PlantUML as go-to UML CASE tool
Throughout my working career as a software developer, including time spent at university, I had a chance to use various tools that aided software engineering. I think everyone can agree, that the most prominent ones in the domain of modelling are connected with UML (Unified Modeling Language) and BPMN (Business Process Model and Notation) tools. As developers, most often we use the former ones, while BPMN is more used by business people.
The list of the most popular, professional UML tools will certainly include applications like Visual Paradigm, Enterprise Architect, Lucidchart or something from IBM house — Rational Software Architect. The aforementioned provide support for most use cases including very complex projects and integrations with external products. But have you considered whether you really need such complex and sometimes clunky solutions for your project?
Sometimes you just need to create one diagram or a few small and independent ones. Maybe you're pressed on time and don't have anything set up yet? Back in the uni days, Draw.io was very popular among my colleagues. You know — this site — you open it in the browser, drag and drop and voilà! Painless modeling for your small project. But is it? I've never really been fond of drag&drop or WYSIWYG type of editors — at least not until I had the chance to use LaTeX or Markdown. At that point I realized that I can get the work done much faster using tools that utilize some kind declarative language that is closer to coding.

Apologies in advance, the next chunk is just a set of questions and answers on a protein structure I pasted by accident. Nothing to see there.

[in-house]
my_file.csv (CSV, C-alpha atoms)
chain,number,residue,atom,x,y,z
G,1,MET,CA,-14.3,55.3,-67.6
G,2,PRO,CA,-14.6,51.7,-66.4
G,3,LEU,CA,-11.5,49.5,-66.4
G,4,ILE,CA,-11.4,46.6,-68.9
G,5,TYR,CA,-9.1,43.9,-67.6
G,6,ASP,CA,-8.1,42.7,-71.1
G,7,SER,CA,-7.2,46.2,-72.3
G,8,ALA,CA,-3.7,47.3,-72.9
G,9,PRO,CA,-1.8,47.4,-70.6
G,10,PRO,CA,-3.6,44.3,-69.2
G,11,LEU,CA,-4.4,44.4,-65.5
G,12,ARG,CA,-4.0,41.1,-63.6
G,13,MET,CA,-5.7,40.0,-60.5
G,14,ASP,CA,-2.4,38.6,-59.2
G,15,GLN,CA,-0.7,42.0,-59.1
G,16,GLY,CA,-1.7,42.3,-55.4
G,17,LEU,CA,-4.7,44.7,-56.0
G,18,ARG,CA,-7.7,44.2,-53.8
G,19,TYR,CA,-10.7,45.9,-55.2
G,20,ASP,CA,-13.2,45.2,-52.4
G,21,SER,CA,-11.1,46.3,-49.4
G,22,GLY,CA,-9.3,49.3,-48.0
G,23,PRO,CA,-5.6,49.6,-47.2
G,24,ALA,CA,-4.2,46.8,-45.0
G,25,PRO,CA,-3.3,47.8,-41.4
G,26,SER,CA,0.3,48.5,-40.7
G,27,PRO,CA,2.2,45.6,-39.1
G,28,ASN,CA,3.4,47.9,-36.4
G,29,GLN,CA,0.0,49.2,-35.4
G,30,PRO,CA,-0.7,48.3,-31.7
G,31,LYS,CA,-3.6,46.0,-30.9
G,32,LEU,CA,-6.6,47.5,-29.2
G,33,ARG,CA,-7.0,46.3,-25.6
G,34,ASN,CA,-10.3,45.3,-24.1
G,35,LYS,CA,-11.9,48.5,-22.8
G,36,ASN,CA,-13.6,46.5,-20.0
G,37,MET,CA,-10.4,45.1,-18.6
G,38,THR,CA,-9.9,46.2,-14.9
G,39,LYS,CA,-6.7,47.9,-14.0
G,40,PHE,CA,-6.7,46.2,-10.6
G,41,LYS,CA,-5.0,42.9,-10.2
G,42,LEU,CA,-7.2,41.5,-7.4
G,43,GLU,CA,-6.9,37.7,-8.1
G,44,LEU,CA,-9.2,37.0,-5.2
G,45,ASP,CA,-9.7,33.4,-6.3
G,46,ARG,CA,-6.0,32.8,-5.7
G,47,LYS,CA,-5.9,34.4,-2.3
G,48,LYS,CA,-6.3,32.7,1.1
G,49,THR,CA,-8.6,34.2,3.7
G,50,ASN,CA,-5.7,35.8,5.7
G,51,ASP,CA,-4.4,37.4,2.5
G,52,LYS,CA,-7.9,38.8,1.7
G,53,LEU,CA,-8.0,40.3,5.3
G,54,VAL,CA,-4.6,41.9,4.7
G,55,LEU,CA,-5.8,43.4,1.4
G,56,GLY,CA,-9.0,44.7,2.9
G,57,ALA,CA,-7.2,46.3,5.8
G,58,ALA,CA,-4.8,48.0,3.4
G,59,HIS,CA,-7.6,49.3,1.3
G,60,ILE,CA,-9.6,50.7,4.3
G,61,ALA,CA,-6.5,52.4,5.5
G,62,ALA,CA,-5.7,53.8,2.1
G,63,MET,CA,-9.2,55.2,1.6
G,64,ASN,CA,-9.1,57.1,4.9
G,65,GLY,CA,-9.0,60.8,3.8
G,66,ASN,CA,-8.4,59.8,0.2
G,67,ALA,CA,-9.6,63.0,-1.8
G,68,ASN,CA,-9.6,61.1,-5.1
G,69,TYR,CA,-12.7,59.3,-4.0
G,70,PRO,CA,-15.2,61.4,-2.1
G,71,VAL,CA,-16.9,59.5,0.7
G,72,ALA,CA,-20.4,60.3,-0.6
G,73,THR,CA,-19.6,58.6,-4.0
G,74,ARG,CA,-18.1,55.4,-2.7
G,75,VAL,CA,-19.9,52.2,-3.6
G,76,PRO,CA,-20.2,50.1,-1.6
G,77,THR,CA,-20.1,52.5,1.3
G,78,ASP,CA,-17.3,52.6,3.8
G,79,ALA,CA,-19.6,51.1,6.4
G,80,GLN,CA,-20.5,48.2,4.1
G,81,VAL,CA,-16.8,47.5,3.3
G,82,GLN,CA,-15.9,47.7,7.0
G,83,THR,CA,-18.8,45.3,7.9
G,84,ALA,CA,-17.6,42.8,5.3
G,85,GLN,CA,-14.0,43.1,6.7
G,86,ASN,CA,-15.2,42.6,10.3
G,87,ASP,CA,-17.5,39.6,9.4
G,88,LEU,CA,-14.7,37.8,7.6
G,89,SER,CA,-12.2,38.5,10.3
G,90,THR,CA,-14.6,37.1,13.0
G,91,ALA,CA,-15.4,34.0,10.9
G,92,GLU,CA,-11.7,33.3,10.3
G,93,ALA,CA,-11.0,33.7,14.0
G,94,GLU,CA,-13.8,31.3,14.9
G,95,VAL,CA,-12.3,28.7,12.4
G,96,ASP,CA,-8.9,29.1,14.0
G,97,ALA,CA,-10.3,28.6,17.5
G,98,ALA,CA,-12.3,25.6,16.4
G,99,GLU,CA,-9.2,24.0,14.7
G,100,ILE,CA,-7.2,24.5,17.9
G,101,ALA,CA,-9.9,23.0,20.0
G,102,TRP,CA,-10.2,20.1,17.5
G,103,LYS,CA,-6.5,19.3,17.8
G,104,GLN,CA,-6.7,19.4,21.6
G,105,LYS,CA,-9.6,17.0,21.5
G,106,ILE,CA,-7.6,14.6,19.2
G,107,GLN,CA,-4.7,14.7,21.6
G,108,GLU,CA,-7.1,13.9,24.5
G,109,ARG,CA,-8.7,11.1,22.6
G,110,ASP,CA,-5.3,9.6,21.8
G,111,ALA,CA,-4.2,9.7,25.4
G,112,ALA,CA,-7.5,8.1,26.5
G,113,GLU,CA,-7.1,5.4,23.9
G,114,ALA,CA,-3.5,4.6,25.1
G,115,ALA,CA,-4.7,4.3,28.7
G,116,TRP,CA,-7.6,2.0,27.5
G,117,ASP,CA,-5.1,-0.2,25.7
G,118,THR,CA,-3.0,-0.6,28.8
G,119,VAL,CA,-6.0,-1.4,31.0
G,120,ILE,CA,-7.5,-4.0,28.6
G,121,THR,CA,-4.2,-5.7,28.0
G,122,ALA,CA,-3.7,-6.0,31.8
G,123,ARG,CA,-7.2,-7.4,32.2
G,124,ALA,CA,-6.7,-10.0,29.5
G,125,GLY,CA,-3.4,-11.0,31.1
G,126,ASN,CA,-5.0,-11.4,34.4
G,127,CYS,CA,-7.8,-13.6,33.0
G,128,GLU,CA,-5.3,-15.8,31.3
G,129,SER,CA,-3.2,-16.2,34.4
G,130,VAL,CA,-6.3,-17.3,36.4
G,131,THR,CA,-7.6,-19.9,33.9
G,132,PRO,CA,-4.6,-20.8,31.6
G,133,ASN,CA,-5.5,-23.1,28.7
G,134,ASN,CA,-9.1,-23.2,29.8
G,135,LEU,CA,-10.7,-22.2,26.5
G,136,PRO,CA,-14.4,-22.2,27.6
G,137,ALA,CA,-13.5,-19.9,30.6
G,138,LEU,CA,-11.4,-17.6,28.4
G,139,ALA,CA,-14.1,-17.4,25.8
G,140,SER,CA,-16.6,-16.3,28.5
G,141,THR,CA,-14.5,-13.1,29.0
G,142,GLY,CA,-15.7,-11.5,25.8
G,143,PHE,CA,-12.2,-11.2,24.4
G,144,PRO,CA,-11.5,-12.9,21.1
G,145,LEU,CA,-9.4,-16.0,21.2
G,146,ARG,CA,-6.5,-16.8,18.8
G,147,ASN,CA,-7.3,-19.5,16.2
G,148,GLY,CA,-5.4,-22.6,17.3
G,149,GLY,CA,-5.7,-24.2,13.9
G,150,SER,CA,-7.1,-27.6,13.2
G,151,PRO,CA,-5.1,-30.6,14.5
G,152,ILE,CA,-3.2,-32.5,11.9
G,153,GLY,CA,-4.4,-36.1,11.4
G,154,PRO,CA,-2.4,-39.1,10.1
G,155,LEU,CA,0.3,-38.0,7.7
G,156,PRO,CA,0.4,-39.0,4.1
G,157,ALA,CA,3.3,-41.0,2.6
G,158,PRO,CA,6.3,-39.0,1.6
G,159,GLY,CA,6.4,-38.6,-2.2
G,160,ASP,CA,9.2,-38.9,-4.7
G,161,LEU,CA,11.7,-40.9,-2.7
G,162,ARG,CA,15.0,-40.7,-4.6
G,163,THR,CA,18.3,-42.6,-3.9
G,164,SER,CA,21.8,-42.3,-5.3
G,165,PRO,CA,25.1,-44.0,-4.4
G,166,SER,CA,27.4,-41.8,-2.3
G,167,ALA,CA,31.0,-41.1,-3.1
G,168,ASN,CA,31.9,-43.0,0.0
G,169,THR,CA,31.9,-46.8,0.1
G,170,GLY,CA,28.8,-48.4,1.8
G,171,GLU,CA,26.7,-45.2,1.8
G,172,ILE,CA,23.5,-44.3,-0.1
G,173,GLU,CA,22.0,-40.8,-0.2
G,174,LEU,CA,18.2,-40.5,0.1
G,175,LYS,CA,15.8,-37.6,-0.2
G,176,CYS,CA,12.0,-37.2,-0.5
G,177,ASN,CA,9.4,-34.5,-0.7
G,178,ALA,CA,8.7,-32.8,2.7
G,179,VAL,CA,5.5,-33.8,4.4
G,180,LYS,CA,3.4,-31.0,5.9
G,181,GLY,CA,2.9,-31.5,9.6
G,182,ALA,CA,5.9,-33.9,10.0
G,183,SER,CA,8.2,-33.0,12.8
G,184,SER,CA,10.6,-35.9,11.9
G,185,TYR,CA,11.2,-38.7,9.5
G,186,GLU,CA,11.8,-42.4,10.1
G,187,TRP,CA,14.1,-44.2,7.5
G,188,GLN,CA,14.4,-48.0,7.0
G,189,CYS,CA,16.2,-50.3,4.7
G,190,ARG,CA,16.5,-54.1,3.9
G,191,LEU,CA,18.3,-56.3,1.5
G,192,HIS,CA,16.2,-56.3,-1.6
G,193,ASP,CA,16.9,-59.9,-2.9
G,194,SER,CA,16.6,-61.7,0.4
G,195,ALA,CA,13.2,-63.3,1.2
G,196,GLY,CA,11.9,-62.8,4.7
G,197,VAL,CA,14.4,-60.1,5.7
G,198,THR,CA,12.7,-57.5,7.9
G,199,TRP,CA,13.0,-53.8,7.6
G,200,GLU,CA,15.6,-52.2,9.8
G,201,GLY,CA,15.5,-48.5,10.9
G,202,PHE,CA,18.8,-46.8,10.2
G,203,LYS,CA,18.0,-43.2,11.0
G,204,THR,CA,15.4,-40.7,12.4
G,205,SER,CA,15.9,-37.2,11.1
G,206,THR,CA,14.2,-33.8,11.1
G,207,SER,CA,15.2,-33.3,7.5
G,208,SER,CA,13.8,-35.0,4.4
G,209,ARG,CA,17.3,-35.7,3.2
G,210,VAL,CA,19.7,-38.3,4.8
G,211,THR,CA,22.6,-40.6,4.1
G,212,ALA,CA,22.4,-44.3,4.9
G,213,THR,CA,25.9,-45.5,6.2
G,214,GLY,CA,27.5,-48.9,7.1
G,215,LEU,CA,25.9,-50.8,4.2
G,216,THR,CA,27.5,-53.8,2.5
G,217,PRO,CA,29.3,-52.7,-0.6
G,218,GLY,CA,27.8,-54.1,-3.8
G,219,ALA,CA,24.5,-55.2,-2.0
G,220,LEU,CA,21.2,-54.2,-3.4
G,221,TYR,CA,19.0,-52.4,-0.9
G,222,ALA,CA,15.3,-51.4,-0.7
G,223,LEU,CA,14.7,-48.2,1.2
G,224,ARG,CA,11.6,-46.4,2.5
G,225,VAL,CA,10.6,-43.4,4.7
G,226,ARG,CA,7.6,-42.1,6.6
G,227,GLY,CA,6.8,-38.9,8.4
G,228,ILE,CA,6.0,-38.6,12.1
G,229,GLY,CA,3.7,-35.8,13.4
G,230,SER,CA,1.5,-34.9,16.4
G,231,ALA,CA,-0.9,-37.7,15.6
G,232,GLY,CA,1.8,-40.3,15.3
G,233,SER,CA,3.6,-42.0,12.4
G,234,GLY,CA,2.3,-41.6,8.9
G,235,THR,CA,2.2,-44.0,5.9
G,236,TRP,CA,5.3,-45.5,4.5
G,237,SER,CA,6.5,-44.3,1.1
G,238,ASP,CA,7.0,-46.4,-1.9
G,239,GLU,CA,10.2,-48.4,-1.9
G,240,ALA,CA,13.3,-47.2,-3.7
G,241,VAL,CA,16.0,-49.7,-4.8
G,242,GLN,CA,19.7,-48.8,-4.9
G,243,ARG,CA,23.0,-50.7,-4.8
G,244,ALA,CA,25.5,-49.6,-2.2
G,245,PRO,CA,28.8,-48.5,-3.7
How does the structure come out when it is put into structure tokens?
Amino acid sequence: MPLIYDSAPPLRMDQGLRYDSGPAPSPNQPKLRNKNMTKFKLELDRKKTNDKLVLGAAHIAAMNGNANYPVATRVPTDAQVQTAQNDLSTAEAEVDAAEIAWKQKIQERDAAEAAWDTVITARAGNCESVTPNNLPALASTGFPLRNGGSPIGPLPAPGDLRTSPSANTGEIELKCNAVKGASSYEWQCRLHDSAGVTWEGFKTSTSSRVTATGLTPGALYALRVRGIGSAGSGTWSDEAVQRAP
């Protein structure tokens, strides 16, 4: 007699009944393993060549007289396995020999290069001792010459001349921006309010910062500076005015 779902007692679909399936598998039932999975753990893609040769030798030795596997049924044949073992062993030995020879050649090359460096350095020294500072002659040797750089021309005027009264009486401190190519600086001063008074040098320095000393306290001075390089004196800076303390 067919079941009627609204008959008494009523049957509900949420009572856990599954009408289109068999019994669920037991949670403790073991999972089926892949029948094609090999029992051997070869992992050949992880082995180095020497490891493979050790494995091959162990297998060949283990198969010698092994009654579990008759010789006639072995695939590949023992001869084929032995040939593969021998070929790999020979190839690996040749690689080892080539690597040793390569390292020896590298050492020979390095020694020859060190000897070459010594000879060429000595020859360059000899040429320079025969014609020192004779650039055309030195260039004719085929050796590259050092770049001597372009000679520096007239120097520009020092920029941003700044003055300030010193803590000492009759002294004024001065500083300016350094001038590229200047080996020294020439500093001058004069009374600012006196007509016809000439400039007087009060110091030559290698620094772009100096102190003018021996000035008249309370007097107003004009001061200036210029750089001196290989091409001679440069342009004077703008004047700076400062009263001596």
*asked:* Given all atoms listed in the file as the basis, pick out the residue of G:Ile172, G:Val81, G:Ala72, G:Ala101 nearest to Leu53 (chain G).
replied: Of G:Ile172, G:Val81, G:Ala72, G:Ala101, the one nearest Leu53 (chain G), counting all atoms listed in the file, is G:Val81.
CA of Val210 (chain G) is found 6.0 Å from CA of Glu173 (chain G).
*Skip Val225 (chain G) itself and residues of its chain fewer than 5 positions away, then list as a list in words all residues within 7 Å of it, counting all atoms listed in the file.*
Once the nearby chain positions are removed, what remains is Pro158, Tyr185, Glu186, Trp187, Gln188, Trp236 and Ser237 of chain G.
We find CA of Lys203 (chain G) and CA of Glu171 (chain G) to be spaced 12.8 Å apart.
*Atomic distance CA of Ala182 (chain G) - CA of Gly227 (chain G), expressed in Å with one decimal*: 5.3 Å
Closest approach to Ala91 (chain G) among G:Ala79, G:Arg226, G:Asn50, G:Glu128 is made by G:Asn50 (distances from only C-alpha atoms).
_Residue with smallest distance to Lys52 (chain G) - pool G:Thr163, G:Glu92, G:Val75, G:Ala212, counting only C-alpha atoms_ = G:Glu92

Fortunate I was, at the point of writing my first thesis, that I found out about PlantUML. A tool that allows to rapidly create consistent UML charts with just a few lines written in simple and intuitive language.
Bob->Alice : hello
Easy, wasn't it? It doesn't end here. You can just copy this line and paste it into an online application to get the chart in the most common formats. The elements are placed and adjusted automagically. Finally a tool which allows you to have so much fun during UML modeling, to the point where you want more. Oh, but let's not walk around with heads in the clouds. I've already created hundreds of charts using PlantUML so I can tell you more about the strengths and weaknesses of this tool.
- open source;
- fast and easy UML charting after some initial learning;
- no time lost on elements placement and size adjustments;
- text format makes it easy to import and share diagrams (hello VCS);
- online editors do not require any installation or setup;
- the most common formats are supported, including lossless ones;
- can be used as a library in Java code;
- multiple integrations and plugins.
- complex cases require further reading of docs (e.g. sequence lifelines);
- not every diagram might look like you require it (I had some problems with activity diagram for uni);
- positioning is possible but limited for diagrams consisting of more elements;
- it's more of a tool than an application (is it a con, though?).
By the way, it takes one moment to translate the diagram thanks to aliases and text format. So that's pretty much my pick for small to medium projects and isolated diagrams. How about you? Do you have a favourite UML tool?